May 07, 2012 at 07:21AM
From the label:
Choice American barley and wheat malts are combined with a blend of noble hops to create this lighthearted, refreshing beer. Blue Star is unfiltered, the yeast adding a complex note to the flavor profile. Water, malt, hops, yeast & that’s all.
From my notes:
Beautiful, cloudy, straw color. Thick, fine bubbled, bone colored head, lasts a moderate amount of time, minimal lacing. High carbonation. Smells of citrus (oranges), and potpourri spices. Tastes of wheat with the hint of citrus, spice, and yeast. Delicate. Clean and crisp finish.
Blue Star is a prefect beer for Spring and Summer. Clear, crisp and refreshing Blue Star would be a great choice for outdoor and indoor grilling, a afternoon at the beach or an evening spent around the campfire, great for session drinking as well. Almost as good as their Scrimshaw, one of my favorite beers.
Rating (out of five):
First, first things let’s see if Ol’ Garcon made it to Shapier safe and sound?
*some of that old time DOS magicking*
What was the very first thing I did after loading in Perseii? Why, delete those three pesky spaces at the end of his name! The very next thing? Well it is the most important thing you can do in QFG2:
I turned Silly Clowns to ‘On.’ Now we can get started! Jackson was in a new city and that meant all his money was no good here he needed to find a money changer (those people Jesus hated) He asked Abdulla about it
Next was finding out where the Guild hall was:
Danar doesn’t think Abdulla is going to be that helpful! Here is hoping Shameen can help!
When asked about the Money Changer:
the Guild Hall:
The Fountain Plaza:
Okay, so not so much help. That is okay though. ‘Cause in the promotional material Seepgood got from the Shapier Chamber of Commerce was a map. It wasn’t a very good one but it will have to do until he gets a better one. He knows that the Money changer is on Dinar Tarik which is right off of Naufara Darb which is right off the Fountain Plaza which is just north of here! Garcon pats himself down before heading out to make sure he hasn’t lost anything:
As soon as Perseii leaves the Katta’s Tail he’s assailed by street vendors:
Ali Chica seems especially keen to let the hero know about his wares. Annoying as he may be a map and compass would be helpful.
Maybe he won’t notice the funny money? Gold is gold, right?
I used to love first person shooters (FPSs). I think there was a stretch of a few years in my life where there were the only type of game I was playing: Qauke 2, Unreal, Half-life, Unreal Tournament , Quake 3. Even before FPSs went 3d I routinely played through DOOM, DOOM 2, and Heretic. At some point though FPSs started changing, they started taking themselves too seriously, perhaps? This is probably Half-Life’s fault, with the the Call of Duty and Halo franchises being responsible for carrying it forward, poorly. Too much focus on (a crappy) story line and attempting to portray a real world-setting didn’t set well with me. Neither did all the limitations designers started putting on the player: two weapons only, generic ammo, a non-numeric life-bar now accompanied by a non-numeric recharging energy or shield bar. The move towards recharging health and limits on weapons also meant that managing health and ammo was no longer part of the game. Ammo was picked up from fallen enemies and levels changed so that ammo dumps and arsenals were no longer part of the game, some how this also translated into the removal of secret areas on the map as well. Levels were no longer part of the puzzle to be solved merely the background canvas on which the player painted murder. As these changes were implemented and the focus moved increasingly from single player to on-line multi-player I found myself wandering away from the genre… *rant off*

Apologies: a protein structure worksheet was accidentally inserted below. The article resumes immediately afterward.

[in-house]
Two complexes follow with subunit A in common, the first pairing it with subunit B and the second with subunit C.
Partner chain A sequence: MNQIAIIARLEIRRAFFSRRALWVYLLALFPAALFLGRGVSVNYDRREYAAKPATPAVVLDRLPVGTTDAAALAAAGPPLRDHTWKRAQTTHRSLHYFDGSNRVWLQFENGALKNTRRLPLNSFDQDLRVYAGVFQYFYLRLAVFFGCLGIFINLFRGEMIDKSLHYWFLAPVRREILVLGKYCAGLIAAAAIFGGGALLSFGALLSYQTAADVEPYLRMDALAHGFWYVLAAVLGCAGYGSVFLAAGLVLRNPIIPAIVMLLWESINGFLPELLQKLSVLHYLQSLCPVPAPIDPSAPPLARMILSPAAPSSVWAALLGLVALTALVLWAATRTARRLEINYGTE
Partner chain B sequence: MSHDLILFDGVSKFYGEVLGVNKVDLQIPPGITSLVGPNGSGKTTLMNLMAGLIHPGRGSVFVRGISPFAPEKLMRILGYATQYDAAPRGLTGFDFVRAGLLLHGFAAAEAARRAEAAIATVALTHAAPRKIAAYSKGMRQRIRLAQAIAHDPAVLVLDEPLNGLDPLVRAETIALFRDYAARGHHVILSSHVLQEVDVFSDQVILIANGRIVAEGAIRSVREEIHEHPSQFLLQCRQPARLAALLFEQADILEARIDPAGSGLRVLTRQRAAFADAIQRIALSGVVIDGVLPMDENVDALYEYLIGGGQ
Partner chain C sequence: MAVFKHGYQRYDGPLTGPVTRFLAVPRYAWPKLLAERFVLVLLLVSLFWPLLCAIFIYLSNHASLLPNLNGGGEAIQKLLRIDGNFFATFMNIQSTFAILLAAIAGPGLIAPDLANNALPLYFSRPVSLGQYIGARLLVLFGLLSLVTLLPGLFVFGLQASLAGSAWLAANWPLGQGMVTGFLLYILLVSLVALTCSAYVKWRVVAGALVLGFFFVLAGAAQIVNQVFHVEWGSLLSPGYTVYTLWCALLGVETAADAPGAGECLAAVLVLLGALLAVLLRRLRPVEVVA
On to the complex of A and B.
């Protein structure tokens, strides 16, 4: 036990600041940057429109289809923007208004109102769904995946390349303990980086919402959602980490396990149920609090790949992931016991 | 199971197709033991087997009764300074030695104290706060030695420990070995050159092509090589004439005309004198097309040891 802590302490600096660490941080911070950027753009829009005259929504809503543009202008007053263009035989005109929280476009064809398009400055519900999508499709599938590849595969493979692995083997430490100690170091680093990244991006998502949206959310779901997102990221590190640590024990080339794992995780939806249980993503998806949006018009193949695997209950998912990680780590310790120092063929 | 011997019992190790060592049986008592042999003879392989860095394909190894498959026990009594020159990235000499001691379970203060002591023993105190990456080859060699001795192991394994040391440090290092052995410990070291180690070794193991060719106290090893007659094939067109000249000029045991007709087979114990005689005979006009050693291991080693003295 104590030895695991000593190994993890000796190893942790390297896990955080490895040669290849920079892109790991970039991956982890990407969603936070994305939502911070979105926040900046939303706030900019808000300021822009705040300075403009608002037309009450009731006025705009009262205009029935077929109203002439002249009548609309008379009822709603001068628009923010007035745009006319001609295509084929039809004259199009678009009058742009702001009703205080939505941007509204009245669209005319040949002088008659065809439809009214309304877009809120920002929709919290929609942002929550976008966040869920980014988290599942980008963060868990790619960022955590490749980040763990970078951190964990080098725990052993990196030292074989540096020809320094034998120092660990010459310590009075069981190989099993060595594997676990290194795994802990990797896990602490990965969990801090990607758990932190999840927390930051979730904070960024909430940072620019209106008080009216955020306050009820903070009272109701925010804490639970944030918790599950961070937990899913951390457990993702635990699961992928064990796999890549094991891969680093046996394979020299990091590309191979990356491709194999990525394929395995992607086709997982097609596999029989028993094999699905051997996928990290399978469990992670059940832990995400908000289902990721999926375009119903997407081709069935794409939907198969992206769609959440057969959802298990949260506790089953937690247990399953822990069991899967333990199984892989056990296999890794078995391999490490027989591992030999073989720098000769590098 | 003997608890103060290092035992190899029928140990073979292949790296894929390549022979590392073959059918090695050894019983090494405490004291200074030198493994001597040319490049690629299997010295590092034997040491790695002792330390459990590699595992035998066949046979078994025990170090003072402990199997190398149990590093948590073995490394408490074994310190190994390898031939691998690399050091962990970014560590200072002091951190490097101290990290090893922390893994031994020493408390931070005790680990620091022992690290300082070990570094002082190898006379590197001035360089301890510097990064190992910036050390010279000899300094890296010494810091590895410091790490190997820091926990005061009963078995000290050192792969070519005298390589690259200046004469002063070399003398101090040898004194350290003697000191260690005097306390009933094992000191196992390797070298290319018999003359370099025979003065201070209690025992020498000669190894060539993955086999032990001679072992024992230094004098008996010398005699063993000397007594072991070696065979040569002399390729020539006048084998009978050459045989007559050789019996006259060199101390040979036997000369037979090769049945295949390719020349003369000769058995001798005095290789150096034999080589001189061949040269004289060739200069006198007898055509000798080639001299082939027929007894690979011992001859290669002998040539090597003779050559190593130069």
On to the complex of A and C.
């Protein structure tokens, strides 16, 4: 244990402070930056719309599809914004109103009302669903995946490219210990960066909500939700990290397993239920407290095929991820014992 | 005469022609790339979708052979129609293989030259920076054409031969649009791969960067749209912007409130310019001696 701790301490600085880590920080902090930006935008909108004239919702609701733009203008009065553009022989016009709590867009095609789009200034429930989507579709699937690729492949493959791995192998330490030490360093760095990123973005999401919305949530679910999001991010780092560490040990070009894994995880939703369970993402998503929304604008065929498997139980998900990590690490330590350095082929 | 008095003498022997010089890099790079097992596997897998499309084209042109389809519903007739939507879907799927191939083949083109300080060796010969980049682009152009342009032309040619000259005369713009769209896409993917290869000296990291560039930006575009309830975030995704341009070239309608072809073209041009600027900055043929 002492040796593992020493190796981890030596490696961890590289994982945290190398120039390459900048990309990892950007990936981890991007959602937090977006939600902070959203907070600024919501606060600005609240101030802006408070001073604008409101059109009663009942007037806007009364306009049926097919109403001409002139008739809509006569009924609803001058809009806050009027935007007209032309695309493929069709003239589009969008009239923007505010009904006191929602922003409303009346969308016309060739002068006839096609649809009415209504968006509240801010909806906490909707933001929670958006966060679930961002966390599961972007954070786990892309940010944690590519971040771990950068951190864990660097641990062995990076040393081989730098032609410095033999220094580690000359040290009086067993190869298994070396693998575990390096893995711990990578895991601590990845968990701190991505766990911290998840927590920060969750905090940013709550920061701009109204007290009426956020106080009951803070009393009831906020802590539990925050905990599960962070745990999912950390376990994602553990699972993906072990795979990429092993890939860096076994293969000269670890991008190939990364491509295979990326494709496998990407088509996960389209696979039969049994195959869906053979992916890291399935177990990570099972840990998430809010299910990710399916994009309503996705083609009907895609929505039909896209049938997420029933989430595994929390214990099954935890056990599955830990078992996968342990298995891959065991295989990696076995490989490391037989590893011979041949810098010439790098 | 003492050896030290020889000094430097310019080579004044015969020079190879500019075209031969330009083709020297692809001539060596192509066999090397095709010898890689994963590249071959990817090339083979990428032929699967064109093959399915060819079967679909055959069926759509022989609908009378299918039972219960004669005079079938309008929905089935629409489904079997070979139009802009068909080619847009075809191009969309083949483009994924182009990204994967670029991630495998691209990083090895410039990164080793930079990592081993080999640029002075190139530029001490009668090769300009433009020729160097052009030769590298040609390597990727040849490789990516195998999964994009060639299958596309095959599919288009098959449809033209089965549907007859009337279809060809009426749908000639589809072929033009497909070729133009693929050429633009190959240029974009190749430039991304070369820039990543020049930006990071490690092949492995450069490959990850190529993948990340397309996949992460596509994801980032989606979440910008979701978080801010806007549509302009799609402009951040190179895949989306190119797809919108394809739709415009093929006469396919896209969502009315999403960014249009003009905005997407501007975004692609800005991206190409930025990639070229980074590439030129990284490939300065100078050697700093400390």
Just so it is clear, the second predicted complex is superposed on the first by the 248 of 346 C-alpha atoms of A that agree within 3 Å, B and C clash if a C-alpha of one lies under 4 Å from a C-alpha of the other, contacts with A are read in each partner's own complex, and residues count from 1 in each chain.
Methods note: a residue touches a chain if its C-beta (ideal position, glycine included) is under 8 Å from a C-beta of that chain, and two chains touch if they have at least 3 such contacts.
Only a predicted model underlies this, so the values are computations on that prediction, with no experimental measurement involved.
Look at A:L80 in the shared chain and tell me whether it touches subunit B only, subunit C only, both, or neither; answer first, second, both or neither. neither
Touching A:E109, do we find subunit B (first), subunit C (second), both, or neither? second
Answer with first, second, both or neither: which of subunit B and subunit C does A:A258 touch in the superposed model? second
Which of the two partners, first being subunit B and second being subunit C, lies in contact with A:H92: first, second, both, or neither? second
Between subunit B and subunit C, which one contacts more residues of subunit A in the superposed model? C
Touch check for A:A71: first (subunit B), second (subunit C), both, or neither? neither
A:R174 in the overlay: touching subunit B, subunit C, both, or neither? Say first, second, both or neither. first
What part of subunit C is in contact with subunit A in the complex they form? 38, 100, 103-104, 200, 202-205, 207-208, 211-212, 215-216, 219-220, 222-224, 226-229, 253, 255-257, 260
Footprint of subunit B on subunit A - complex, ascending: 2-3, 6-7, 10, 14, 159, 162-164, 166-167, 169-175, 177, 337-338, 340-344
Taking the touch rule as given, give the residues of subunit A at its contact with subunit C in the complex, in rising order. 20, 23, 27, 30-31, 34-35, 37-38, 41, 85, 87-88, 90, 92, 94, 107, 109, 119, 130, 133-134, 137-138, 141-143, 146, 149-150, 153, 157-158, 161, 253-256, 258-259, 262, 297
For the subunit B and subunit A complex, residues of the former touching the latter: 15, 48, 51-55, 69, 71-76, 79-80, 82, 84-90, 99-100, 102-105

I don’t quite recall how Borderlands caught my attention in 2009. Perhaps, it was the touted ‘loot’ system so similar to how Diablo and Diablo 2 distributed weapons and armor? Or maybe I picked it up on the recommendation of friends over at Talking Time (I’m sure it was the latter.) I picked the game up hopeful that my fondness for the genre could be rekindled but prepared to be disappointed. As I had been with Call of Duty: Modern Warfare (a franchise that now embodies everything I’m not looking for in an FPS.) Borderlands is a delightfully dark and playful FPS, much as its early progenitors were, in which you explore an alien planet with a Western ethic. This world is large populated by monsters, thugs, bandits, frontiersmen and contains a surprising number of secrets. Tasked with finding and unlocking a legendary treasure trove, players will have at their disposal an near infinite variety of small and large arms. There are seven types of guns one can use but they all have modifiers of quality and elemental damage, as well as stat and to-hit bonuses. I’ve been playing for 20+ hours and I don’t think I’ve seen the same gun twice.
The game succeeds by successfully marrying fast-paced FPS game-play with an inventory/loot system that kept me opening every crate, chest, and locker in the game looking for the next amazing gun. The game does keep many of the now “standard” elements of FPSs, despite them I find myself smiling and looking forward to the sequel that is coming later this year.